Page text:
One of the most discouraging aspects of this year's campaign is the more or less direct and inverse relationship between its length and the rapidly escalating depravity of its content. As the race goes on, it becomes less substantive, vapid and personality based. The last ABC debate was only one unshining example of the quick-sand dragging the campaign and American democracy into the gutter.
And seemingly like every presidential contest, the leading Democrat is being tarred with the fatal "elitist" brush; he's unmanly, unpatriotic, high-fallutin, and not someone you want to have a beer with. And even though Democrats are notorious for their supposed moral relativism, the leading Democrat is paradoxically said to be a "scold", moral or otherwise, for...well I don't know. But I guess the media Republicans know it when they see it.
The NYT, which has supported Hillary Clinton, has an op-ed today, already a subject of some notable comment, laying much of the blame for the tragic state of affairs on the NY Senator and the negative campaign she has waged.
While there is obviously some truth to this complaint, as well as to the many well documented media transgressions this particular cycle, let me suggest that much of the reason why the campaign's substance, media driven and otherwise, has plumeted to such levels, stems from the many structural inhibitions against candidate policy innovation. The barriers, real and imagined, to candidates getting traction while stating unpopular truths or challenging sacred constituencies and ideas almost inherently ensures that the leading political candidates will not be able to offer much in the way of specifics and that, consequently, campaigns will rapidly degenerate into frivolous, insipid commentary about the candidate's preacher (if the candidate is a Democrat) or flagpin or whatever. The length of the campaign, the forces designed to ensure comformity, and the media saturation of the campaign and of television's particular obsession with candidate personalities all strongly press for just such a spectacle.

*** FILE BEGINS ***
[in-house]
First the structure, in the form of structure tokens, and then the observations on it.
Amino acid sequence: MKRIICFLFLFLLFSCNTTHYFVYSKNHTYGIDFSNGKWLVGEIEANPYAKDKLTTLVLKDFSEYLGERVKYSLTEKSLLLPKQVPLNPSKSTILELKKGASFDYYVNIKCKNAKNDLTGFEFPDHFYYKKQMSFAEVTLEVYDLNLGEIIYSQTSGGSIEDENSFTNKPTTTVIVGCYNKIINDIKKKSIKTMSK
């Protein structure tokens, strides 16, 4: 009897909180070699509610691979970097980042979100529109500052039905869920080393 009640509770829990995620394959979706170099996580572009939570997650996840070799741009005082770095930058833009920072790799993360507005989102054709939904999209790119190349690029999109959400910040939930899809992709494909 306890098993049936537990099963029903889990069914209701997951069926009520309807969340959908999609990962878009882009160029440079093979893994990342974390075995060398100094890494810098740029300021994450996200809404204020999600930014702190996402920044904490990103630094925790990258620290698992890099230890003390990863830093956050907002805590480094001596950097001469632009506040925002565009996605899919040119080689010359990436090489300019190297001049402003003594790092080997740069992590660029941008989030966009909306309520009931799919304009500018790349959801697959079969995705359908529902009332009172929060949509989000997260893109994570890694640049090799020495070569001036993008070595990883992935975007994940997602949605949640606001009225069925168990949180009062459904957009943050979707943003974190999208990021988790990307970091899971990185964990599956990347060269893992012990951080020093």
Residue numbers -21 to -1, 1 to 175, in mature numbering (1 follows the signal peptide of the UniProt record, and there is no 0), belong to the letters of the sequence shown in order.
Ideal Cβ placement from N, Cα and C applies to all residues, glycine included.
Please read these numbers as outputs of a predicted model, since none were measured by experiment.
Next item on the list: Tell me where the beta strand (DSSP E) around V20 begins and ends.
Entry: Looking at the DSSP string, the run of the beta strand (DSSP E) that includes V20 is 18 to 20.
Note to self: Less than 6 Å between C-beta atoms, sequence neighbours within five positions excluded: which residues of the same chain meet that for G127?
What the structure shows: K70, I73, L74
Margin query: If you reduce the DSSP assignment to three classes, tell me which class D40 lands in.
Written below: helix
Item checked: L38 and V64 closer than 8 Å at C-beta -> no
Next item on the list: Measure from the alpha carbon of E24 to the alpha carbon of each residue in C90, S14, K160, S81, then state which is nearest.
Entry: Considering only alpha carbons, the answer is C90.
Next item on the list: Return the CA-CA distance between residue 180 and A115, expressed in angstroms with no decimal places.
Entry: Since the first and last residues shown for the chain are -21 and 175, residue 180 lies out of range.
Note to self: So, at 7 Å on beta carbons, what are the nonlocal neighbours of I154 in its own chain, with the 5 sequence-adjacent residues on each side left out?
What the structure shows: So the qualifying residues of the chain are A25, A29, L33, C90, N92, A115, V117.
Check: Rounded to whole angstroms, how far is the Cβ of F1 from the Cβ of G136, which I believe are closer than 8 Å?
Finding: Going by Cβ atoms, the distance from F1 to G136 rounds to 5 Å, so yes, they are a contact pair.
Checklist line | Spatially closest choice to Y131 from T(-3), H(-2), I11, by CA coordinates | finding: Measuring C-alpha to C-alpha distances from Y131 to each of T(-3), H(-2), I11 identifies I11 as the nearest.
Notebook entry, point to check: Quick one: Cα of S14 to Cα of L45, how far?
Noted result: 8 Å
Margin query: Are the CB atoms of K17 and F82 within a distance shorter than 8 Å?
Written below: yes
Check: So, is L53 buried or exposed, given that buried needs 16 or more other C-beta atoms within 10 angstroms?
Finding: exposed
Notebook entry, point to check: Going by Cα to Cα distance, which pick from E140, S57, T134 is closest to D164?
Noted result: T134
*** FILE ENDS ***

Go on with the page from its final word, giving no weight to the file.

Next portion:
So how does a candidate rise above this stuff?
By being policy-controversial. By being policy-risky. By not playing it safe. By challenging some bit of conventional wisdom and taking what may at first glance, and may in fact truly be, the minority view point on some rarely discussed topic that everyone in the media holds to be a matter of political concensus unworthy of contestation.
Obama made a positive step in this direction with his speech on race (and religion). But even this was laced with a good deal of abstract rhetoric that attempted to placate all participants.
But how about giving a speech on the fallacies of the nation's fifty year Cuba policy, and the irrational and disproportionate effect the influence of Cuban exiles in Florida have played in the process? Specifically, how about giving a speech calling for an absolute end to the embargo?
Or how about giving a speech calling the War on Drugs a failure and promising to reduce federal sentences for drug possession, eliminating the position of national Drug Czar, and asserting the primacy of privacy rights over those over law enforcement budgets and prison construction entrepreners?
It might be argued that both of these policies have sufficient political consensus requiring that they not be disturbed, or that not enough people care about them or consider them priorities, or that such controversies simply aren't worth the trouble and would divert a campaign from otherwise positive policy contributions should it win (which stirring up these controversies could seriously undermine).
These concerns may be valid. But given the fact that the candidate's policy positions are only marginally different from one another in many other policy domains, the failure to take greater policy risks, to challenge bad policies means that campaigns and media coverage will continue to focus on the shallow and insipid. If one is going to be subject to attacks from the opposition, why not make the attacks over issues that matter and would in fact highlight stark policy differences with opponents?